LKB1 loss by alteration of the NKX2-1/p53 pathway promotes tumor malignancy and predicts poor survival and relapse in lung adenocarcinomas

L. H. Tsai, P. M. Chen, Y. W. Cheng, C. Y. Chen, G. T. Sheu, T. C. Wu, H. Lee

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31 Citations (Scopus)


LKB1 loss is a frequent homozygous deletion and/or gene mutation found in lung adenocarcinomas. However, few cases of LKB1 loss by either deletion or mutation are seen in Asian patients. Our preliminary data showed that LKB1 loss was associated with p53 mutation in lung tumors from Taiwanese adenocarcinoma patients and p53 transcription is directly regulated by NKX2-1. Therefore, we hypothesized that LKB1 loss could occur due to aberration of p53 regulation mediated by NKX2-1. In the present study, 16 lung adenocarcinoma cell lines were investigated to determine if LKB1 transcription could be deregulated by NKX2-1-mediated p53 aberration. Mechanistic studies indicated that LKB1 was directly upregulated by p53 and that NKX2-1-mediated p53 expression may positively regulate LKB1 expression in p53 wild-type cells. However, in p53-mutated cells, LKB1 transcription was deregulated by NKX2-1 via suppression of SP1 binding onto the LKB1 promoter. Therefore, the action of the NKX2-1/p53 pathway on LKB1 loss differed in p53 wild-type versus p53-mutated cells. As expected, soft-Agar growth and invasion capability was significantly reduced by ectopic expression of NKX2-1 in p53 wild-type cells, but it was markedly elevated by silencing NKX2-1 in p53-mutated cells. Similar reciprocal observations were also seen in lung tumors from lung adenocarcinoma patients with either wild-type or mutated p53 tumors. Cox regression analysis showed that patients with low-LKB1 tumors had poorer overall survival (OS) and relapse-free survival (RFS) when compared with patients with high-LKB1 tumors. In p53 wild-type patients, shorter OS and RFS periods were predicted for low-NKX2-1/low-LKB1 tumors than for high-NKX2-1/high-LKB1 tumors. In patients with p53-mutated tumors, poorer OS and RFS were predicted for high-NKX2-1/low-LKB1 tumors than for low-NKX2-1/high-LKB1 tumors. In summary, losses of LKB1 at the transcriptional level by altered activity of the NKX2-1/p53 pathway may promote tumor malignancy and poor patient outcome.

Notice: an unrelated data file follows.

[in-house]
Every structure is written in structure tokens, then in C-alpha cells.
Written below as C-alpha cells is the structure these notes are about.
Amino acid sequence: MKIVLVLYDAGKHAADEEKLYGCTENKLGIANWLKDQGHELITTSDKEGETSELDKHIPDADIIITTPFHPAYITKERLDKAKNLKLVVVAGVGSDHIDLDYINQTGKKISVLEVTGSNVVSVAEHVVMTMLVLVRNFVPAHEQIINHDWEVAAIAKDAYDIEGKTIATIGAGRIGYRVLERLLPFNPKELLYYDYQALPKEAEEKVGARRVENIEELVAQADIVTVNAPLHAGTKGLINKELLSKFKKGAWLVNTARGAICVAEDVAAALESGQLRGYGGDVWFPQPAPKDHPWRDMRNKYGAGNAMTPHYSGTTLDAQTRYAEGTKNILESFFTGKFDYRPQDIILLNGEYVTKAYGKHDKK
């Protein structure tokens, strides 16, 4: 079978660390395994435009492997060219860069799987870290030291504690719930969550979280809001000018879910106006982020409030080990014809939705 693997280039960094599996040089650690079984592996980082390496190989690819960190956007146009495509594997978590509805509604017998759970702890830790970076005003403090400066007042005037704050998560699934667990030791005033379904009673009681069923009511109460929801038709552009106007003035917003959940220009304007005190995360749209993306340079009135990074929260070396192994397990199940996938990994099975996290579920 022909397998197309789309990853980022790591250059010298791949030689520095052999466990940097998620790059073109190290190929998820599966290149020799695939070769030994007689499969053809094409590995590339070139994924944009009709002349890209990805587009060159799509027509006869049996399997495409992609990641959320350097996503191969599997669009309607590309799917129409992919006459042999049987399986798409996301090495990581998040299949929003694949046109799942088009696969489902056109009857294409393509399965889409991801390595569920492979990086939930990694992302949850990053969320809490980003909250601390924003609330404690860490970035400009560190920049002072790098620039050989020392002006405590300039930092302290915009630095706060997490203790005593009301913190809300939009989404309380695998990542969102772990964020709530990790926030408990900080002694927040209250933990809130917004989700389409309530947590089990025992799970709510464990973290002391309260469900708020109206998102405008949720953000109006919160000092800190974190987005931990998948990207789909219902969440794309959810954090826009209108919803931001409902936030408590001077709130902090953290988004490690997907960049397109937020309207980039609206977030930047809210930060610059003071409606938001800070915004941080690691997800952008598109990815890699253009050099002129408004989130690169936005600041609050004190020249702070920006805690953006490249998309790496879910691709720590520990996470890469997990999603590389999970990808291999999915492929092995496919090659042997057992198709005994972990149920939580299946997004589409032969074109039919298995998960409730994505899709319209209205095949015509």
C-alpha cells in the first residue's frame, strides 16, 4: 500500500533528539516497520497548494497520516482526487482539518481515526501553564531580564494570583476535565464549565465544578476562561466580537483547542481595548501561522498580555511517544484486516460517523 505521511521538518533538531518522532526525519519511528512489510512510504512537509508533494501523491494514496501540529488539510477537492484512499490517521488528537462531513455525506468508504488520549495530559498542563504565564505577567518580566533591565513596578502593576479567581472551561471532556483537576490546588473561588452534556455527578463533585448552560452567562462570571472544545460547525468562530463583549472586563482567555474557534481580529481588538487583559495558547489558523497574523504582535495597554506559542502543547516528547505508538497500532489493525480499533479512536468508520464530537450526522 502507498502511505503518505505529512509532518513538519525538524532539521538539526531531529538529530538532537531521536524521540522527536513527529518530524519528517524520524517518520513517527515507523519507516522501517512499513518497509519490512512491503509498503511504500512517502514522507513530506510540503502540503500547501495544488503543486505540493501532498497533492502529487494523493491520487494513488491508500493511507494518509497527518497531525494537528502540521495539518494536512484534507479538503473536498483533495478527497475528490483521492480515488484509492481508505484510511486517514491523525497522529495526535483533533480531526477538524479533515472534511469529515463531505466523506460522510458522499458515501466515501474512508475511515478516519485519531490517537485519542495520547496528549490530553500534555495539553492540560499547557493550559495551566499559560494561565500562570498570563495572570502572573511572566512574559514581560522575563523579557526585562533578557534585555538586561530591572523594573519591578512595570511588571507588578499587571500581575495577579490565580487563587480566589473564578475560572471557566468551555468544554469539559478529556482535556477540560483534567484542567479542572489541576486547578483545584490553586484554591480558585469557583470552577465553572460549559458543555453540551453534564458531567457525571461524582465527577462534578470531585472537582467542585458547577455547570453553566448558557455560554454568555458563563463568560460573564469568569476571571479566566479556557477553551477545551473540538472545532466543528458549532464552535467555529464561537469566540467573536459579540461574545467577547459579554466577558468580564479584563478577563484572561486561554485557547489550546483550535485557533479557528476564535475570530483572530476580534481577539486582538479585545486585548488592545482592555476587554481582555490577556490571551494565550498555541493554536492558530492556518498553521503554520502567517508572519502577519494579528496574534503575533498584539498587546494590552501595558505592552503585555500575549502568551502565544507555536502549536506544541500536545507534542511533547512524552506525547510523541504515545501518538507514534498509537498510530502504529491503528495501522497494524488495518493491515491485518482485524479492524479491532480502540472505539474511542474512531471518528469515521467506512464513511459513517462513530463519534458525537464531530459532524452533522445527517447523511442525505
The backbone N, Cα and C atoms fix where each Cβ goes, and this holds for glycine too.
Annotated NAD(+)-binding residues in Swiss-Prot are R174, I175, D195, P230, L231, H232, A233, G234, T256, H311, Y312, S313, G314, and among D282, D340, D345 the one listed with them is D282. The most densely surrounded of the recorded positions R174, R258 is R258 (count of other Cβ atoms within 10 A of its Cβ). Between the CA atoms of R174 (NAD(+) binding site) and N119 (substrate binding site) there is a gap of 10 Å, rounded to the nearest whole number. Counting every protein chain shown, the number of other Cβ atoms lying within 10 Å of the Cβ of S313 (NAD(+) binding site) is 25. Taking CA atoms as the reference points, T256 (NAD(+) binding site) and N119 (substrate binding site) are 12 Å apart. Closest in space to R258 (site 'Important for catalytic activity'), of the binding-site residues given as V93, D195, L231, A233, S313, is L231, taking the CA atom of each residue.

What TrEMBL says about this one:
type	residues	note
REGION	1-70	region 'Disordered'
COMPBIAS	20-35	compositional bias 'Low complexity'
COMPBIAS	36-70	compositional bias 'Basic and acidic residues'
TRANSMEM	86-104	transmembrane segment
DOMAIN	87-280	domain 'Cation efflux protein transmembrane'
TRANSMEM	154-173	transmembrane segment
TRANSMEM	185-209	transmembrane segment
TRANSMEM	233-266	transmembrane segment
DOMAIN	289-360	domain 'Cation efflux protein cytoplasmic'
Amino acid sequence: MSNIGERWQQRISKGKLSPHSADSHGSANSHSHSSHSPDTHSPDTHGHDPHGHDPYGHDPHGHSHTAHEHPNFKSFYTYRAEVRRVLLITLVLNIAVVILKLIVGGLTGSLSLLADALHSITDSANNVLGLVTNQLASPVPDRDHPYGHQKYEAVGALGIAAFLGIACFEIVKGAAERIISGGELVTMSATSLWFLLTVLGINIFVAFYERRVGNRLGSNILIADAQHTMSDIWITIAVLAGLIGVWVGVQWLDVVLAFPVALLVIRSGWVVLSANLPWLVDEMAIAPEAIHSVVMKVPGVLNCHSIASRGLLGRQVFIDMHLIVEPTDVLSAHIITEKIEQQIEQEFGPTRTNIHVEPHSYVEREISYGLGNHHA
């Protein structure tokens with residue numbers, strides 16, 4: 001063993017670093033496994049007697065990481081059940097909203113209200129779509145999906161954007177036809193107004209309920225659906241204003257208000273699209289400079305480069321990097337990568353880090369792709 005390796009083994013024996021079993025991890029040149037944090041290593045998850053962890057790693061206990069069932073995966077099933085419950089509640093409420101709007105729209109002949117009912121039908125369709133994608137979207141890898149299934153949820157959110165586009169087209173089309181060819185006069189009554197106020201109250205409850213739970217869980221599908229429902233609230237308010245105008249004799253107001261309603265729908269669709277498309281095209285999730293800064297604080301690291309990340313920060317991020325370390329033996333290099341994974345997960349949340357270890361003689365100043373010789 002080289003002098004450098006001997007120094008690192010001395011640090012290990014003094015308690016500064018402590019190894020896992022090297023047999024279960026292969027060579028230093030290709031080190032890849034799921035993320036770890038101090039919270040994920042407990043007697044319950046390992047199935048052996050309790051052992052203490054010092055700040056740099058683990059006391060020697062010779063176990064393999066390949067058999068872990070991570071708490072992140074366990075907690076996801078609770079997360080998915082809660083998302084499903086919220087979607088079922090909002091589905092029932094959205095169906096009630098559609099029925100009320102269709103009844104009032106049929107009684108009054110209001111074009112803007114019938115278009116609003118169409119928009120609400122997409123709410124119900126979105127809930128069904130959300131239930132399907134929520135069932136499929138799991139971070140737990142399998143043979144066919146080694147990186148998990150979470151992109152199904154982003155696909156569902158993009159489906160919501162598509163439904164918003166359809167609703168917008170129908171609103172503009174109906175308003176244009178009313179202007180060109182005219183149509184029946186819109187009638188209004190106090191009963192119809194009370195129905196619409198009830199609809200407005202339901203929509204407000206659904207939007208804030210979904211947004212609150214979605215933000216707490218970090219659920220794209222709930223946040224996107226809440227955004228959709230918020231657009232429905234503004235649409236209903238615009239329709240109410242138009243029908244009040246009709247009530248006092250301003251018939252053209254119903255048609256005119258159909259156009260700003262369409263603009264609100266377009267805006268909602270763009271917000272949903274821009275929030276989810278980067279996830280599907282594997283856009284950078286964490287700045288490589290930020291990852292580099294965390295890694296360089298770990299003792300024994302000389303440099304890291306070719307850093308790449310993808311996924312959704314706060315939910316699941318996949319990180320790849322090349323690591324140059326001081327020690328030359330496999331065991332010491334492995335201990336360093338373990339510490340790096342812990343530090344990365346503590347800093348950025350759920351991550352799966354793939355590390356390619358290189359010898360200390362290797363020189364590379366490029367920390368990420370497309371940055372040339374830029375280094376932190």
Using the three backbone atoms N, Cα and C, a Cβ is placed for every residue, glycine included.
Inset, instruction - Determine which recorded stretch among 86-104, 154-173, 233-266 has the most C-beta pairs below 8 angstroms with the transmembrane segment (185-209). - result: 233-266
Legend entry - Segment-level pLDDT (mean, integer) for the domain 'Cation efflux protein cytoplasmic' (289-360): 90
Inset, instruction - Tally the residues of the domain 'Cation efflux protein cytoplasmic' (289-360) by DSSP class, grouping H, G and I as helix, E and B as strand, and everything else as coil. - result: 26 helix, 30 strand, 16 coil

Original languageEnglish
Pages (from-to)3851-3860
Number of pages10
Issue number29
Publication statusPublished - Jul 17 2014


  • LKB1
  • NKX2-1
  • lung adenocarcinoma
  • p53

ASJC Scopus subject areas

  • Molecular Biology
  • Genetics
  • Cancer Research


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